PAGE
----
A couple of weeks ago, I made up the word 'freakomendations' as a way to describe strange recommendations that are often made by recommender systems. When I first used the word, I did a Google search and found that there were exactly zero usages of the word on the internet. This really was a new word according to Google.

Now, two weeks later, Google tells me that there are about 1,800 instances of 'freakomendations' on the web. Now since I've used the word in exactly 10 blog posts, that means that there are a whole lot of other people using the word now. Or does it? I took a detailed look through the Google results and this is what I found.

Of the 1,780 results, Google thinks that only 72 of them are worth presenting, the rest are duplicates. Of these 72, only one mention is from another actual blog post. All of the rest are aggregators of one type or another, that are just republishing my words on another feed. There are feeds that are devoted to serving up any post that mentions 'Emerson, Lake and Palmer' for example.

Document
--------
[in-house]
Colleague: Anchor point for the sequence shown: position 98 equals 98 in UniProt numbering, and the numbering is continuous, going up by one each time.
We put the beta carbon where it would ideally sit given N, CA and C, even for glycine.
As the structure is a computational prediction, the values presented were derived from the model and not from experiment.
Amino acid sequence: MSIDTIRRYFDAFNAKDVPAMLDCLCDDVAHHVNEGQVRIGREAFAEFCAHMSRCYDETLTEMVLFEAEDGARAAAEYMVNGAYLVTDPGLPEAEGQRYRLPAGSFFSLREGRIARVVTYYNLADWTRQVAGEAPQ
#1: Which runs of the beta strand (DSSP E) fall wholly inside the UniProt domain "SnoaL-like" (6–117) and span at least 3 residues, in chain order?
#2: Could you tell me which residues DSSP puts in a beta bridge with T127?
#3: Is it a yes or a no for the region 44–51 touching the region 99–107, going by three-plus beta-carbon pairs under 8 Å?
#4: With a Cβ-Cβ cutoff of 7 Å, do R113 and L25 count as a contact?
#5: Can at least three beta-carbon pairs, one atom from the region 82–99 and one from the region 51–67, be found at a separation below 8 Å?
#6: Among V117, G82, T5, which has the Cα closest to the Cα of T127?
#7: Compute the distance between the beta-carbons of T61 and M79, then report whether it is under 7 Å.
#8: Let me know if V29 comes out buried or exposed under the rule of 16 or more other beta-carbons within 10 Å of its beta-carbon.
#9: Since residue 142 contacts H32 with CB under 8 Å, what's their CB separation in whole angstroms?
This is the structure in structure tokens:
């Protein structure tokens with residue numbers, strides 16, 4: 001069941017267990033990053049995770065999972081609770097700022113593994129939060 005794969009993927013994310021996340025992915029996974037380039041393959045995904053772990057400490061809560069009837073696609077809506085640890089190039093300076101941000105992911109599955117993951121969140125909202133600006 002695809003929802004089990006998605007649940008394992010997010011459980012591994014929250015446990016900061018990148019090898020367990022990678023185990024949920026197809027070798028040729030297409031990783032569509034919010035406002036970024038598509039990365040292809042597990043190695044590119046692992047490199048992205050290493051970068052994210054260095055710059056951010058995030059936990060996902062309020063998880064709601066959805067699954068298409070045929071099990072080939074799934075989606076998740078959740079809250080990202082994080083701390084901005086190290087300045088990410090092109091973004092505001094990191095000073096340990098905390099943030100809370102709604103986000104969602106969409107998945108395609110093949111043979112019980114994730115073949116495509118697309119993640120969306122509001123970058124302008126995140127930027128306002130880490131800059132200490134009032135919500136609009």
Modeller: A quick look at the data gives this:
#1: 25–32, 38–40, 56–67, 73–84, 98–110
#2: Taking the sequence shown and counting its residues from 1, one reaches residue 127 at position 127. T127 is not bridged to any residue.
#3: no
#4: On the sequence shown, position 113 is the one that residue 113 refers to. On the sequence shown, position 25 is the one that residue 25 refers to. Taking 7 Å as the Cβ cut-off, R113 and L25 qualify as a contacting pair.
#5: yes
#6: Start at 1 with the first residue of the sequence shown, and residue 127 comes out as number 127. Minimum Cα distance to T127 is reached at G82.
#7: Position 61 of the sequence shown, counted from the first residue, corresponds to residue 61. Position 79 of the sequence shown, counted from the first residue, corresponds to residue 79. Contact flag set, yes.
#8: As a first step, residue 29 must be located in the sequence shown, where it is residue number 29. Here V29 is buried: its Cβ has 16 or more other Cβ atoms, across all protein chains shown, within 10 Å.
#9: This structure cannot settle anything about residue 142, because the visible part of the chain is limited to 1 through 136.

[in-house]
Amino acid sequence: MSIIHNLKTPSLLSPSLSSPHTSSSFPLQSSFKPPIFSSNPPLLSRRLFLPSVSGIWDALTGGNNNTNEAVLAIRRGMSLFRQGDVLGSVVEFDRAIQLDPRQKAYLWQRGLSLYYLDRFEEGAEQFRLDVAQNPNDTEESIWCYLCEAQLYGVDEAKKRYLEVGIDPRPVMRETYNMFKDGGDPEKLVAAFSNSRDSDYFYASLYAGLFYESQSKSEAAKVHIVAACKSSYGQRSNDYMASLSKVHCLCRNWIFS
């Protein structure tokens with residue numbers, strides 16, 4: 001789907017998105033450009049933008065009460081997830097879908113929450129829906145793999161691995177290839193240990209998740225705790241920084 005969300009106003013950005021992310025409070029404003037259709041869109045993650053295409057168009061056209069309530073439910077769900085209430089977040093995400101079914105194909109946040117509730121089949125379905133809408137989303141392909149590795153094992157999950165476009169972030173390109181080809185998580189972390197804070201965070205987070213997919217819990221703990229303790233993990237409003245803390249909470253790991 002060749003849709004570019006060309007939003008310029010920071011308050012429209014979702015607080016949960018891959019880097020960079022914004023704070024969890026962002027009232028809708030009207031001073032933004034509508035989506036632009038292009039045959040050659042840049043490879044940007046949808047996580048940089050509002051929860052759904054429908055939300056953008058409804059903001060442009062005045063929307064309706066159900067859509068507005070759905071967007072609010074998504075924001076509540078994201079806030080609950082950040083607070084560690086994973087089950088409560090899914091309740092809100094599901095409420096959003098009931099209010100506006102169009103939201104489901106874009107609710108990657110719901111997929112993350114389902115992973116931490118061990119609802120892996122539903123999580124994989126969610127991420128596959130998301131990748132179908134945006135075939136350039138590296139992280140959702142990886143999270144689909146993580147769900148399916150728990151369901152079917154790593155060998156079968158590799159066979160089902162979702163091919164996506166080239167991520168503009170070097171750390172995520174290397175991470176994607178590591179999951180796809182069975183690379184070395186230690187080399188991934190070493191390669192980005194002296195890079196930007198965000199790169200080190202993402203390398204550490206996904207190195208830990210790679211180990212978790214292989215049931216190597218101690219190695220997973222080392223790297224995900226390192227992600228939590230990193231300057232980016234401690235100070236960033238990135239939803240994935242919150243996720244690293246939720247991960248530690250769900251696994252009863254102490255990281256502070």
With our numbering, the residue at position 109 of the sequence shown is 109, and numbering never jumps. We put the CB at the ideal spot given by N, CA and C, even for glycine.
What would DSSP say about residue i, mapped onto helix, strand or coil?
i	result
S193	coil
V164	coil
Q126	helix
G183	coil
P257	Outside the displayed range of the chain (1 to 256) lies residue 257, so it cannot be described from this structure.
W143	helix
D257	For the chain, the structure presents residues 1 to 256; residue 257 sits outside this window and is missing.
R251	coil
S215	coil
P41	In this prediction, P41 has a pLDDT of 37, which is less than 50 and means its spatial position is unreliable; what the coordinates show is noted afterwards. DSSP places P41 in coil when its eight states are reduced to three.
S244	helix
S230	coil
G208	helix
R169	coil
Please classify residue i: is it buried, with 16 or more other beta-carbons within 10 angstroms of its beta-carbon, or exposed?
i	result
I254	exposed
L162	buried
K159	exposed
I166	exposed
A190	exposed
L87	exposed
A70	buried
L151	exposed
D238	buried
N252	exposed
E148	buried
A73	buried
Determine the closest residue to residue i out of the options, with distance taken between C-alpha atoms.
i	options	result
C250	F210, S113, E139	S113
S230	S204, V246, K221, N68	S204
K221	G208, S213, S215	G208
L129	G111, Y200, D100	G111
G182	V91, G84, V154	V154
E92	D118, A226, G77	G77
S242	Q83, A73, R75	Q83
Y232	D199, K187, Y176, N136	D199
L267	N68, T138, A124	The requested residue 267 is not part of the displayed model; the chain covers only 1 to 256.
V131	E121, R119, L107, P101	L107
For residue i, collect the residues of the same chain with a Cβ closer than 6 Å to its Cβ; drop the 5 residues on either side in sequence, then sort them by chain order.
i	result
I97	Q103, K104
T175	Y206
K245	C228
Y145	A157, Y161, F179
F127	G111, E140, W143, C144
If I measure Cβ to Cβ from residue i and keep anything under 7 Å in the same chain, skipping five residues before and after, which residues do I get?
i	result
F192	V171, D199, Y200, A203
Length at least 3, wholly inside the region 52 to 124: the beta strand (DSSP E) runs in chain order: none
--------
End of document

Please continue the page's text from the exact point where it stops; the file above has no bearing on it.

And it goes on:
In about two weeks, each of my 10 freakomendation posts seems to have spawned more than 100 copies in the various aggregators, republishers and splogs. This propagation will likely continue. This suggests that 99% of the RSS feeds out there are just re-broadcasting content. Only 1% of content is original. This makes me want to cry.

I've heard the word at least a few times from my colleagues recently. I wonder how long it takes until it gets added to a proper dictionary? ;-)

Posted by elias on May 15, 2008 at 01:16 PM EDT #

What does a "proper dictionary" mean? Urbandictionary is far more helpful to me on a daily basis..

And isn't this why we need recommender systems in the first place? To cut down on the 99% of junk out there and give us the good stuff? :) I consider it job security.

Posted by Jason Adams on May 17, 2008 at 01:16 AM EDT #

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